Spanish adjectives may be found before or after the nouns they modify, depending on various factors. Generally speaking, descriptive adjectives follow nouns, while limiting adjectives precede nouns.
One of the eight parts of speech, adjectives are a type of modifier; that is, they modify or describe nouns in a certain way, letting you know the size, shape, weight, color, nationality, or any of a myriad other possible qualities of nouns.
Adverbs of manner express how the action of a verb occurs. In English, the vast majority of adverbs of manner end in -ly, whereas in Spanish, they mostly end in –mente. They are usually created from adjectives.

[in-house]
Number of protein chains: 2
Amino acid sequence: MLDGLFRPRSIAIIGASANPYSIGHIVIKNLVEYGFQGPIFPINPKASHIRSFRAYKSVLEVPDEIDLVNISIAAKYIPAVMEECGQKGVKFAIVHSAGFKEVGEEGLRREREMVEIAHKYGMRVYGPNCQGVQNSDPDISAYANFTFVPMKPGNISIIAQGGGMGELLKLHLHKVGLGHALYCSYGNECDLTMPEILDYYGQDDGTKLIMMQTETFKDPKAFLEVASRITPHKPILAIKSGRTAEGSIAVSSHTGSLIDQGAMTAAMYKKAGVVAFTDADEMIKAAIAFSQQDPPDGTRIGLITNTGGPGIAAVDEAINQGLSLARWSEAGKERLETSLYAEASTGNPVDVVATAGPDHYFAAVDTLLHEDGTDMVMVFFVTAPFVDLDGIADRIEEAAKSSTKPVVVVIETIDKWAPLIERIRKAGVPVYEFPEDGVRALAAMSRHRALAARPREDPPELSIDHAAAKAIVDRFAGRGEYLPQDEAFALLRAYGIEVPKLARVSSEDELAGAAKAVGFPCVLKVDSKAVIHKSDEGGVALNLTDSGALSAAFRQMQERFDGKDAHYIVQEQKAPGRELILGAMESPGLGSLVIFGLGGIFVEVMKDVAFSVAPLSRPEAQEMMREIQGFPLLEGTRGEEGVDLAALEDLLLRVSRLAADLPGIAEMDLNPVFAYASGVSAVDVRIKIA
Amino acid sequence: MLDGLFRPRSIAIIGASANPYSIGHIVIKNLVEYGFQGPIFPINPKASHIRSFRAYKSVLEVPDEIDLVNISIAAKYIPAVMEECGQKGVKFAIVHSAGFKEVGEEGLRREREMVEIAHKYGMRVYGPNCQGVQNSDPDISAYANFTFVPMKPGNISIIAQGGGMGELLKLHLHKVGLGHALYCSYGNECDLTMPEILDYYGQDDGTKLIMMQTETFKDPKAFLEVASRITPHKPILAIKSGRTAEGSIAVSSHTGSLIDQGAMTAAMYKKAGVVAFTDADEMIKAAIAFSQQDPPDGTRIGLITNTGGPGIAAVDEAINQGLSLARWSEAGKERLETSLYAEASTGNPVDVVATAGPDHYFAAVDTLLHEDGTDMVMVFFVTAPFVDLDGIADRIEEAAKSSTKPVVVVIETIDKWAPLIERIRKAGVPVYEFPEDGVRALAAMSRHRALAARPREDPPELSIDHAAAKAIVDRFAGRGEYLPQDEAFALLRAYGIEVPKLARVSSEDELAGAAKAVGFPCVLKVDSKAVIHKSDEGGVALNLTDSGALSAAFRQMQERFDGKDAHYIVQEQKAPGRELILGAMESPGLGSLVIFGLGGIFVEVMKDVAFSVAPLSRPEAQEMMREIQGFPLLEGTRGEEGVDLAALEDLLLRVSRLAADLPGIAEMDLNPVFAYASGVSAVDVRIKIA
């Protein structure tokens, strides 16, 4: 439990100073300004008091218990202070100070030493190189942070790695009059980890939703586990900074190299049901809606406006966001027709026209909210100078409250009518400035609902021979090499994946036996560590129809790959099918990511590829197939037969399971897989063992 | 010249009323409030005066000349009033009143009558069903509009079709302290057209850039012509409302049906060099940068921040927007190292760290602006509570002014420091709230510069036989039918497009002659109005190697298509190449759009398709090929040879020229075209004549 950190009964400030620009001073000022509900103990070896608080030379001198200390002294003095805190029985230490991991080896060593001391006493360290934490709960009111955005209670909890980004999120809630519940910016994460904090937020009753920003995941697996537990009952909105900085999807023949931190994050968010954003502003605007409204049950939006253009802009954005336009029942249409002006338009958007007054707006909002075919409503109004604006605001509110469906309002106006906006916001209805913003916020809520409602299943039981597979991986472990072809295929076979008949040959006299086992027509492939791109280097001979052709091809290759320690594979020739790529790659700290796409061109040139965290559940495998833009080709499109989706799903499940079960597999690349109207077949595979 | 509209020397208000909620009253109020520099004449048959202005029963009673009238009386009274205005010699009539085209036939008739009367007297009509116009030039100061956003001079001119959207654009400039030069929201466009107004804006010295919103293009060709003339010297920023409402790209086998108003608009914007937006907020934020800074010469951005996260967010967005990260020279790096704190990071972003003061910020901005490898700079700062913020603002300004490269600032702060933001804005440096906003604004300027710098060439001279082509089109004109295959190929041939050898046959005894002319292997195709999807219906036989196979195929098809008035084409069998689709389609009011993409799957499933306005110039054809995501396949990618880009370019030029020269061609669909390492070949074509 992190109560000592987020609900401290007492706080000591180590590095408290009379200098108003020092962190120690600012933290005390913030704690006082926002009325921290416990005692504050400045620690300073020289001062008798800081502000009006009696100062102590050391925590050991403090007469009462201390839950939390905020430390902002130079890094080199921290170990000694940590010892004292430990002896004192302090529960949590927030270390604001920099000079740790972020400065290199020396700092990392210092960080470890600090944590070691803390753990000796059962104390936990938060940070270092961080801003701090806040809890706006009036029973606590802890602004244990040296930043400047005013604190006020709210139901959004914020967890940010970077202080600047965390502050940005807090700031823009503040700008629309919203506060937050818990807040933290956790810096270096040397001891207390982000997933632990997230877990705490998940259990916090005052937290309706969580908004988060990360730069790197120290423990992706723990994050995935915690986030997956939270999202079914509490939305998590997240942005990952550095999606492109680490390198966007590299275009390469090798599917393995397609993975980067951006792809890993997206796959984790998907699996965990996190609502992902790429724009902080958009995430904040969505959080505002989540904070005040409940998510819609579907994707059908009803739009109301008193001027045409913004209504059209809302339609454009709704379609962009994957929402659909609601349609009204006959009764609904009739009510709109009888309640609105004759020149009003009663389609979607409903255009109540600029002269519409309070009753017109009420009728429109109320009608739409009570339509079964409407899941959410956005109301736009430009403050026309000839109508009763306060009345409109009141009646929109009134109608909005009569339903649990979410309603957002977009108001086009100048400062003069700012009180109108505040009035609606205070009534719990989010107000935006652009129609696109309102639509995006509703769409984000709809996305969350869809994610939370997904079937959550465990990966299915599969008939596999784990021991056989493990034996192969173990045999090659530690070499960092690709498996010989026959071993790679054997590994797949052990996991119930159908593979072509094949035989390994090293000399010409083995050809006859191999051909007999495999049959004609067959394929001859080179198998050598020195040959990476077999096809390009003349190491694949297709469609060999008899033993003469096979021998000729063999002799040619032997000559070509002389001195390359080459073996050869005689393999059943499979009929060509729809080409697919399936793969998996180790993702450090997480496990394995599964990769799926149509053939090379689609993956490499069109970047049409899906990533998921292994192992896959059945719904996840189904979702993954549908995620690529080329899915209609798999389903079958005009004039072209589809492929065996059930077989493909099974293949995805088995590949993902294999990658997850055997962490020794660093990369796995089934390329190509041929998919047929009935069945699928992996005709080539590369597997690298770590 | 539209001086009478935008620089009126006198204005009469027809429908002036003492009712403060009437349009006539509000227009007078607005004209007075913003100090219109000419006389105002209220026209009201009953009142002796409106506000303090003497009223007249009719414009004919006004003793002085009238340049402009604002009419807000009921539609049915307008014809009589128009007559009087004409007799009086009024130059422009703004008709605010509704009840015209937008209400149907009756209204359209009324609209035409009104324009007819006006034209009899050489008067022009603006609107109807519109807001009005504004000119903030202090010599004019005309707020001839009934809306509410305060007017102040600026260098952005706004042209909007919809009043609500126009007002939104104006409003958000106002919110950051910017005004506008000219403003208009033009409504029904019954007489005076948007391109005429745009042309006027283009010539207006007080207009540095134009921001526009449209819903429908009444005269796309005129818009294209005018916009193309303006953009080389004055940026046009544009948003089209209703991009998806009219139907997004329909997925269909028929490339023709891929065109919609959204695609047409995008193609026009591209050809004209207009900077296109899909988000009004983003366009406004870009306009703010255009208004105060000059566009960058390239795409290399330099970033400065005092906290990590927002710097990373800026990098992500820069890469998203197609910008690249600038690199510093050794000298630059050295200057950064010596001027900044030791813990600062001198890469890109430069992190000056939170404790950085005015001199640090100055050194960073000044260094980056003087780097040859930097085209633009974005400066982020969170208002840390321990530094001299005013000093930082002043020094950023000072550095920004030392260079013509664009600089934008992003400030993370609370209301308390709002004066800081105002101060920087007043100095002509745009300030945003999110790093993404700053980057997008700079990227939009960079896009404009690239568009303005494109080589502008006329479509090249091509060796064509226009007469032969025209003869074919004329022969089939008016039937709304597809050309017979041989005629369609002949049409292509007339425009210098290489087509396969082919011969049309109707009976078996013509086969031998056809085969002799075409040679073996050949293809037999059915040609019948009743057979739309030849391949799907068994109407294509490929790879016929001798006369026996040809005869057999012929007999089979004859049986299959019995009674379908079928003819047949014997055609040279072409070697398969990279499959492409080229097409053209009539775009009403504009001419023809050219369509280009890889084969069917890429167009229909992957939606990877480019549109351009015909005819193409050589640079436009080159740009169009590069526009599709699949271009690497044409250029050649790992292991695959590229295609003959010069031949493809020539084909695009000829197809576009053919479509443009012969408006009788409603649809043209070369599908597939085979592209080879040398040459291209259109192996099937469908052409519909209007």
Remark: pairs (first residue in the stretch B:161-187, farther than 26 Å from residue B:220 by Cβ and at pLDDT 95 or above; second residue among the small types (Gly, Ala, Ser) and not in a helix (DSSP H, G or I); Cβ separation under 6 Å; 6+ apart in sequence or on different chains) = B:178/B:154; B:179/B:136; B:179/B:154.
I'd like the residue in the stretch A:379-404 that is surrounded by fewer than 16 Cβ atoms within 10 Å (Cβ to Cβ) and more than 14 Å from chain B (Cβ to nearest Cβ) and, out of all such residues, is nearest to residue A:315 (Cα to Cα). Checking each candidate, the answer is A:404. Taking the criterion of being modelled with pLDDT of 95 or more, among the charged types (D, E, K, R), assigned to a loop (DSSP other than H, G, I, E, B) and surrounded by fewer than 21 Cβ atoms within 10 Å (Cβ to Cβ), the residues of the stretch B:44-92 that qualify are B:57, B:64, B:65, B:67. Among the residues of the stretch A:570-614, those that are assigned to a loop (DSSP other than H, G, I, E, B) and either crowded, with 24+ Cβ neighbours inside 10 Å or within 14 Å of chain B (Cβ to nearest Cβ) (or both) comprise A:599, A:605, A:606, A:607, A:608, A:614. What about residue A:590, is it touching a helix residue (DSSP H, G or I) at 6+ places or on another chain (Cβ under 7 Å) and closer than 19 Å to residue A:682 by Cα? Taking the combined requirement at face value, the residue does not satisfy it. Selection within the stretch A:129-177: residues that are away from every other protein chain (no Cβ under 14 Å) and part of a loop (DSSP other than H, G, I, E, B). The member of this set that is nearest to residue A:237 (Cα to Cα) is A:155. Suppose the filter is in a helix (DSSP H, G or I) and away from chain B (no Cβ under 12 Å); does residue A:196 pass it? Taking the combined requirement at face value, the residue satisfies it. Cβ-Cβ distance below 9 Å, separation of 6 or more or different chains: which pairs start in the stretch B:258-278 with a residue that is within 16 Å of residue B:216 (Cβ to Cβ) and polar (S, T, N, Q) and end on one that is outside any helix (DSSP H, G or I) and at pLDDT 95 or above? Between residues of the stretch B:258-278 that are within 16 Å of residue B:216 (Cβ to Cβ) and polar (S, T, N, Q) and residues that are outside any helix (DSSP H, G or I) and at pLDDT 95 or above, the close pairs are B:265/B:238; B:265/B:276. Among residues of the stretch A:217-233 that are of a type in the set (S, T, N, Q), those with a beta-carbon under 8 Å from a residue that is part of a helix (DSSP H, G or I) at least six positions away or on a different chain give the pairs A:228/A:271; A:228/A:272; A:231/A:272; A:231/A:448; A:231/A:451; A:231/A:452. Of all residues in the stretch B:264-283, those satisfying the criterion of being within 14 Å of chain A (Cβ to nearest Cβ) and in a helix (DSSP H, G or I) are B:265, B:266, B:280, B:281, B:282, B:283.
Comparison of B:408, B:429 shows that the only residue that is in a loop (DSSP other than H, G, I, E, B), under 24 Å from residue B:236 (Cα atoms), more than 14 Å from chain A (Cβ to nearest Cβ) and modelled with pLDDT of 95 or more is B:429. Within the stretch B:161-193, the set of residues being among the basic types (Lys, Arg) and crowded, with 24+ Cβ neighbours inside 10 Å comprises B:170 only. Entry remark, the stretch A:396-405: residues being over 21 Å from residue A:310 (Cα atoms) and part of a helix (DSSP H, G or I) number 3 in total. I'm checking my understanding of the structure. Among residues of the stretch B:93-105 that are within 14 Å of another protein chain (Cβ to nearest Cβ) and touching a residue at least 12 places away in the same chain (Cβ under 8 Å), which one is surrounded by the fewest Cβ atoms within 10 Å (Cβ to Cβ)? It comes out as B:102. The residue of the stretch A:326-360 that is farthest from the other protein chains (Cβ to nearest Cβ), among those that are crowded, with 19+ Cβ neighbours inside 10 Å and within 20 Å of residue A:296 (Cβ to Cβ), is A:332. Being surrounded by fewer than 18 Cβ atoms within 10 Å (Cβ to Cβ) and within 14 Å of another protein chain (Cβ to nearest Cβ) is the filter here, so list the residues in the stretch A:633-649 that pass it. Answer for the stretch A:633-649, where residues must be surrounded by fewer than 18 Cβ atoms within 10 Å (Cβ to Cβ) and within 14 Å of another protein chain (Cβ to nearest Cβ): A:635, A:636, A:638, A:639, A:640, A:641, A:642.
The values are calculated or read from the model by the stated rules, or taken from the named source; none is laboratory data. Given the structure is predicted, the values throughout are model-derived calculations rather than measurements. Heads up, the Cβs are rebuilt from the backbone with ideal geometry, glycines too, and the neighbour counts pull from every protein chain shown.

Many Spanish nouns and adjectives have shortened forms called apocopes, which are created by dropping one or more syllables at the end of the word. They’re often informal and some are regional, so be careful using them as they might be inappropriate and/or unknown in certain places.
In Spanish, suffixes called augmentatives can be added to nouns, adjectives, adverbs, and names to indicate bigness, as well as other ideas such as excessiveness, contempt, or disdain. In this way, you can say that something is big without adding an adjective like grande to indicate bigness or repugnante to indicate contempt.
Cuyo is a relative adjective that means “whose,” “of whom,” or “of which.” It indicates the noun which is the object of the clause that follows it.
Demonstrative adjectives (this, that) are used to indicate a specific noun or nouns. In Spanish, they must agree with the noun(s) in gender and number, and there are 3 different sets: este, ese, aquel.